While some are against -acquisition, others want good price for the land
Road corridor to come up in Jokatte village
Price was fixed arbitrarily, say aggrieved people
MANGALORE: Residents of Jokatte Gram panchayat, close to the Bykampadi Industrial Estate, have opposed the move to acquire their lands for the Mangalore Special Economic Zone’s road corridor. However, the residents, who staged a protest in Jokatte village on Sunday, with the support of the Karnataka Pranta Raitha Sangha and the Democratic Youth Federation of India, appeared to be divided over the issue.
While some expressed their dissatisfaction over the price fixed for the land acquisition, others said they were apposed to the acquisition per se. Nevertheless, the agitators launched a signature campaign against the acquisition.
Speaking to presspersons, several residents said that the Rs. 8,000 for a cent of land fixed by the district administration was not acceptable to them. They argued that the land prices in the area were much higher and demanded that the price be fixed at a minimum of Rs. 25,000 a cent.
Former gram panchayat member Jaya Shetty said that land would not be sold under any circumstances, whatever be the price offered. “Just leave us alone and do not create problems for us,” he said.
They alleged that the Deputy Commissioner, who was supposed to convene a public hearing to fix the price of the land, did not conduct any such meeting.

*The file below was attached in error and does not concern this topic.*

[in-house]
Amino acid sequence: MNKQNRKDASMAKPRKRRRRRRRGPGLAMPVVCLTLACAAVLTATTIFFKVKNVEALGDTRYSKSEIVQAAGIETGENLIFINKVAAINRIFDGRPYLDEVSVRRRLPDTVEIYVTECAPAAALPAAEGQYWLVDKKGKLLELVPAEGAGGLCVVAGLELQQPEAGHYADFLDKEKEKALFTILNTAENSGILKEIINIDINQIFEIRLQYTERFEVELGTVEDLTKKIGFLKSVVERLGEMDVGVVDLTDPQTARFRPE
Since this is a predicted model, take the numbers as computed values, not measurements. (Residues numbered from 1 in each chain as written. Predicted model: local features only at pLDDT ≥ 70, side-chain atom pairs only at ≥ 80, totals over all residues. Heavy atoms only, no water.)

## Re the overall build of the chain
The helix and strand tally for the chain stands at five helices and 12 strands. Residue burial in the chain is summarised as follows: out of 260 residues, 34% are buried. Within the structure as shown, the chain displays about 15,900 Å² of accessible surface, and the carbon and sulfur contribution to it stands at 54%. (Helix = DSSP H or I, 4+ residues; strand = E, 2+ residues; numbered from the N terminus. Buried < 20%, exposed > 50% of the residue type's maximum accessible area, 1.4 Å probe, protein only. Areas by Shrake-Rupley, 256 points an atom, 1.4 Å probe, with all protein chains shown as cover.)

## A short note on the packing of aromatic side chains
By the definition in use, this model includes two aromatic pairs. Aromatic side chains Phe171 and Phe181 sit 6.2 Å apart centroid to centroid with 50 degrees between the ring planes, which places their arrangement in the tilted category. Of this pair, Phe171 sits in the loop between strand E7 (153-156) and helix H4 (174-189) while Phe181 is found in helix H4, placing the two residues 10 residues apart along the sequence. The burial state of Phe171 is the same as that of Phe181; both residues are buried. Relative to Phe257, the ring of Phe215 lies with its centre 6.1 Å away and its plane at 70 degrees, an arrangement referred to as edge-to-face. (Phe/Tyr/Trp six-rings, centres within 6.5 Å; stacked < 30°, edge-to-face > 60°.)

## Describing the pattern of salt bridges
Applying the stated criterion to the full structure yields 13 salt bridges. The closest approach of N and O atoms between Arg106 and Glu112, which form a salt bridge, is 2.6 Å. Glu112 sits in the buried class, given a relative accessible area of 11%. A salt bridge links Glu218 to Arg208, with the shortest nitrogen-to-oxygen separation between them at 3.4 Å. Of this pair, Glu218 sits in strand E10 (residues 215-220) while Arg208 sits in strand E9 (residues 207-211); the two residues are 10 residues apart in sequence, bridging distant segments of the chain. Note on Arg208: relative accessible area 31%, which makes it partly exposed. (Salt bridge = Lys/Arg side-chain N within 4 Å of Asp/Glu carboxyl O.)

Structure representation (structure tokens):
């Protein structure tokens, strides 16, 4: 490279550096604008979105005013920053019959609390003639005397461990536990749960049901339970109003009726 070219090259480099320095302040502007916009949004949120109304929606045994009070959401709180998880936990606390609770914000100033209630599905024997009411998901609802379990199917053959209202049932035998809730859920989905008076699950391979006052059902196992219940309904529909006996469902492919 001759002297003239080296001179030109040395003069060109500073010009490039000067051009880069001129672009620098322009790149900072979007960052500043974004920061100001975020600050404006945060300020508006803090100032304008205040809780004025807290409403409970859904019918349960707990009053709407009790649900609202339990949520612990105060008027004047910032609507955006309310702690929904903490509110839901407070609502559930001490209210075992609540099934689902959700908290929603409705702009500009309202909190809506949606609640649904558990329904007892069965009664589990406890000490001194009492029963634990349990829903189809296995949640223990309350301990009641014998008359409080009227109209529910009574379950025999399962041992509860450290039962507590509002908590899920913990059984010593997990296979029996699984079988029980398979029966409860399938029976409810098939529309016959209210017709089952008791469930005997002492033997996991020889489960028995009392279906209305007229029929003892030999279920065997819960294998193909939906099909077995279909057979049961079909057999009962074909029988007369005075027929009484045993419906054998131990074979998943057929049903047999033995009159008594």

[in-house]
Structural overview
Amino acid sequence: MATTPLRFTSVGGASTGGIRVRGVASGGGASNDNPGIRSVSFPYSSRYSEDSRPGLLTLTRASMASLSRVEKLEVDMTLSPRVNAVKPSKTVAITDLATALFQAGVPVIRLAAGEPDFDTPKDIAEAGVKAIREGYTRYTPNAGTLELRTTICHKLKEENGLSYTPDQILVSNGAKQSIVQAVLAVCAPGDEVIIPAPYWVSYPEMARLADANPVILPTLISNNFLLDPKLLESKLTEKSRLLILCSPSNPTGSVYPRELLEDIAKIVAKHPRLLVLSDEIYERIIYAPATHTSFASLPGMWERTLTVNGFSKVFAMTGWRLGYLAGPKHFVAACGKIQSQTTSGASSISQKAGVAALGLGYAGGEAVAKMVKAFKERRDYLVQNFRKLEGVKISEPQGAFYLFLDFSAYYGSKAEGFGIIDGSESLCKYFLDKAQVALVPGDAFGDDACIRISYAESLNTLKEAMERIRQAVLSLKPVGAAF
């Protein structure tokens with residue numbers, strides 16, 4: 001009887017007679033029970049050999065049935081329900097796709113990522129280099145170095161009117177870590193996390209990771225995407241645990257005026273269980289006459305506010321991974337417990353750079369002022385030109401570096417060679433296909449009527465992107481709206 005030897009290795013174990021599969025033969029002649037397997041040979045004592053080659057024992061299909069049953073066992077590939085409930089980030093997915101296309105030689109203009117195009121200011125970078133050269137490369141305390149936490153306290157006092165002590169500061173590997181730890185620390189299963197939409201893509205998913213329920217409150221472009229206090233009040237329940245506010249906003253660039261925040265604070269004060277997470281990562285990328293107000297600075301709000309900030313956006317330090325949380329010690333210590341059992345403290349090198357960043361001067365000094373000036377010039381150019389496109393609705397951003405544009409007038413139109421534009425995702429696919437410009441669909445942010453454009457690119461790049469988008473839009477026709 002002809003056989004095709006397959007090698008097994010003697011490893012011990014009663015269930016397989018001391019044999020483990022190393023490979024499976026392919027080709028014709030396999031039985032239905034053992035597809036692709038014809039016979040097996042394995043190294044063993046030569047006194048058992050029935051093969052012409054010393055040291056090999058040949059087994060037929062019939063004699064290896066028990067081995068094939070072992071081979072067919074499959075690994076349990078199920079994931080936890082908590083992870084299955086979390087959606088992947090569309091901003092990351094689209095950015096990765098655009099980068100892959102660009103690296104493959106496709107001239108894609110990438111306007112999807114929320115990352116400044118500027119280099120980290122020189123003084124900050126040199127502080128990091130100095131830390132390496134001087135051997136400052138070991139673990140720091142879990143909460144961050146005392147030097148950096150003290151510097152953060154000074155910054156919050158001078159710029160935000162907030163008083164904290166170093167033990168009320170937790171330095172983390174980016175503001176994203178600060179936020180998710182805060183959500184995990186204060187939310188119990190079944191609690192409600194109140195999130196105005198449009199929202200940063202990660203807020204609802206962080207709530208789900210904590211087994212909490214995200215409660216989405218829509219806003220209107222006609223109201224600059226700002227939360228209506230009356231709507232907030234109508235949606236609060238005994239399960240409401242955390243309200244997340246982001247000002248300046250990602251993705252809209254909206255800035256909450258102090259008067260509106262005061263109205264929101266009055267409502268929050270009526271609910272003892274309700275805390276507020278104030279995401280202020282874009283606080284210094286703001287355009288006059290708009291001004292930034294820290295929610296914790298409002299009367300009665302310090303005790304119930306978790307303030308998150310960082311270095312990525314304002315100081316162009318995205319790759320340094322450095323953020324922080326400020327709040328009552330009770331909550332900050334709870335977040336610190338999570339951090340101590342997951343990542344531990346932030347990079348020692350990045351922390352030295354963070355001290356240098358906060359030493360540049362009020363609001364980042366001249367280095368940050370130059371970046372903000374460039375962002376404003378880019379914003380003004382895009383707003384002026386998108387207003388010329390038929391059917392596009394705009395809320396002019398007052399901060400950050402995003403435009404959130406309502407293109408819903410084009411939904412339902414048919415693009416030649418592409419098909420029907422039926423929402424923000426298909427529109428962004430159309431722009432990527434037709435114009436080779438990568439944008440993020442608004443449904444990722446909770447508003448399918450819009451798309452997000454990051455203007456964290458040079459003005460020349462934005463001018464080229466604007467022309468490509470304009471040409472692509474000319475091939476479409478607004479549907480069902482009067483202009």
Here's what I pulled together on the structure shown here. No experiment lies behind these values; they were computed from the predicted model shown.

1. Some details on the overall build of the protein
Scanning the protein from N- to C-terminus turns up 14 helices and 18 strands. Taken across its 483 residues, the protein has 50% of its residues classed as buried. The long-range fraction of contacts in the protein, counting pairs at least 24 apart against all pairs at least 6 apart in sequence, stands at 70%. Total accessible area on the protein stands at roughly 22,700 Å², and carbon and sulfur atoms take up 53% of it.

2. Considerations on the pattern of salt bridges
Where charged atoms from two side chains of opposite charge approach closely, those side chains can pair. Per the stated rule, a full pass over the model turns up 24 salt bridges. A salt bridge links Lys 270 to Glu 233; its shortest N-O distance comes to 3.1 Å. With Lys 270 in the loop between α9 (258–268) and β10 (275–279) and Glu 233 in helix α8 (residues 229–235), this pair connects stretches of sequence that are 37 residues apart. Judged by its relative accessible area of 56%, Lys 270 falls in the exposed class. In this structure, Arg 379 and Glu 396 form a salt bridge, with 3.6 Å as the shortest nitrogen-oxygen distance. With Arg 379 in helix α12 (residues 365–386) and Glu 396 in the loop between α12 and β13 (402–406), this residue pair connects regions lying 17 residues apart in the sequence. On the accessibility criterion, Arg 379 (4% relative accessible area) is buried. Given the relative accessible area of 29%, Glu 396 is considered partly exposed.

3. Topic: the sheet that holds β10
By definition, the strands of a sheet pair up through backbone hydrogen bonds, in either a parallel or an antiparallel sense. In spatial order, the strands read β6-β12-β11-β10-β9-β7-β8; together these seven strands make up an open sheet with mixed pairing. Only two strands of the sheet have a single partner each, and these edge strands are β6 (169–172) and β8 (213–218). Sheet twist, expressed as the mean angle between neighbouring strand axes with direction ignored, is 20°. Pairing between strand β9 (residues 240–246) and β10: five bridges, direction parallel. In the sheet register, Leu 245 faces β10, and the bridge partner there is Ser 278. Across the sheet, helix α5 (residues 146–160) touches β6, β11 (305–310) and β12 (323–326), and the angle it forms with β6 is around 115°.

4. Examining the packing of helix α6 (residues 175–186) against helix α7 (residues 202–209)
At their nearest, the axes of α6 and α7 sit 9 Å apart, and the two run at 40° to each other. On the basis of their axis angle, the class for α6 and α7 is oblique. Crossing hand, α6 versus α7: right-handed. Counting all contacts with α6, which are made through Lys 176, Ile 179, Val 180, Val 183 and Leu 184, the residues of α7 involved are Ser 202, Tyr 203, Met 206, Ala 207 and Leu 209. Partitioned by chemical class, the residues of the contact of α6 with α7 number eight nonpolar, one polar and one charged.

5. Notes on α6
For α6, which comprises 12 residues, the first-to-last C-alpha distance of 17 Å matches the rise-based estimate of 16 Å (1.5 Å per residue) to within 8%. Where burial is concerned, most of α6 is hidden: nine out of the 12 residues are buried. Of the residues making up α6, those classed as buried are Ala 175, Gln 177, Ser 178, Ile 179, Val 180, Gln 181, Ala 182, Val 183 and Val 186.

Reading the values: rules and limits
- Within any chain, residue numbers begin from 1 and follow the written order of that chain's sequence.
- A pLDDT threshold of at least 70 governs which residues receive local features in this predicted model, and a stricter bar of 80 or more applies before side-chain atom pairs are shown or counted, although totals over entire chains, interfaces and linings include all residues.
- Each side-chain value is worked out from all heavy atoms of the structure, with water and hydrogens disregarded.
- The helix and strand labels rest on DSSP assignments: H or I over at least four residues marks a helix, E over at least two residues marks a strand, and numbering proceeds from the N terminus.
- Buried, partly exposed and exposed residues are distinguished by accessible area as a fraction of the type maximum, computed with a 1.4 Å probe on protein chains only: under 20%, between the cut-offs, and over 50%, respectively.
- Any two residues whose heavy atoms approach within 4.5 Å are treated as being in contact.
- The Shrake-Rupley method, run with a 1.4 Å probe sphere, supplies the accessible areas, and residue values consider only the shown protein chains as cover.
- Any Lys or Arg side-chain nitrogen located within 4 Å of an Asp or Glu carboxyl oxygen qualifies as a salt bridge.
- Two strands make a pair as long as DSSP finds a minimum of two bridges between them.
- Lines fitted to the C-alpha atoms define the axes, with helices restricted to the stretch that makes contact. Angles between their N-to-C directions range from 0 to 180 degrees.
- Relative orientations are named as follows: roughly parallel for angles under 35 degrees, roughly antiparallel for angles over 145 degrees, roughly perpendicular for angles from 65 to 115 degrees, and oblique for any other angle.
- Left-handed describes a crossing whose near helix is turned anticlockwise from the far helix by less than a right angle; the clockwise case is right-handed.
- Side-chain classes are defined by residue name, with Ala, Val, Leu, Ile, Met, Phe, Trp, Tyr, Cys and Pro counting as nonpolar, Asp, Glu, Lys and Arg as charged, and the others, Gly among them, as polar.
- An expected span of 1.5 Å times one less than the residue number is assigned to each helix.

“The price was fixed arbitrarily without taking any of us into confidence,” said a resident.
Members of the gram panchayat alleged that the district administration and the Karnataka Industrial Areas Development Board (KIADB) did not pass on any communiqué or seek consultation with the local body.
Addressing the agitators, district president of the DYFI Muneer Katipalla said, “There has been a great influx of large and polluting industries in the district. But, neither the common man nor the region has benefited from these industries.”
Citing the case of Mangalore Refinery and Petrochemicals Ltd., he said that despite being a public sector undertaking, the refinery had never taken larger public interests into consideration.
“Its policies and practices have been anti-people since its inception. Now, the MSEZ is threatening to follow in the same direction,” he said.
Mr. Katipalla advised the residents to part with their land only on their own terms. “Once you sell your land, nobody will care about you. Whatever bargaining has to be done should be done now,” he said.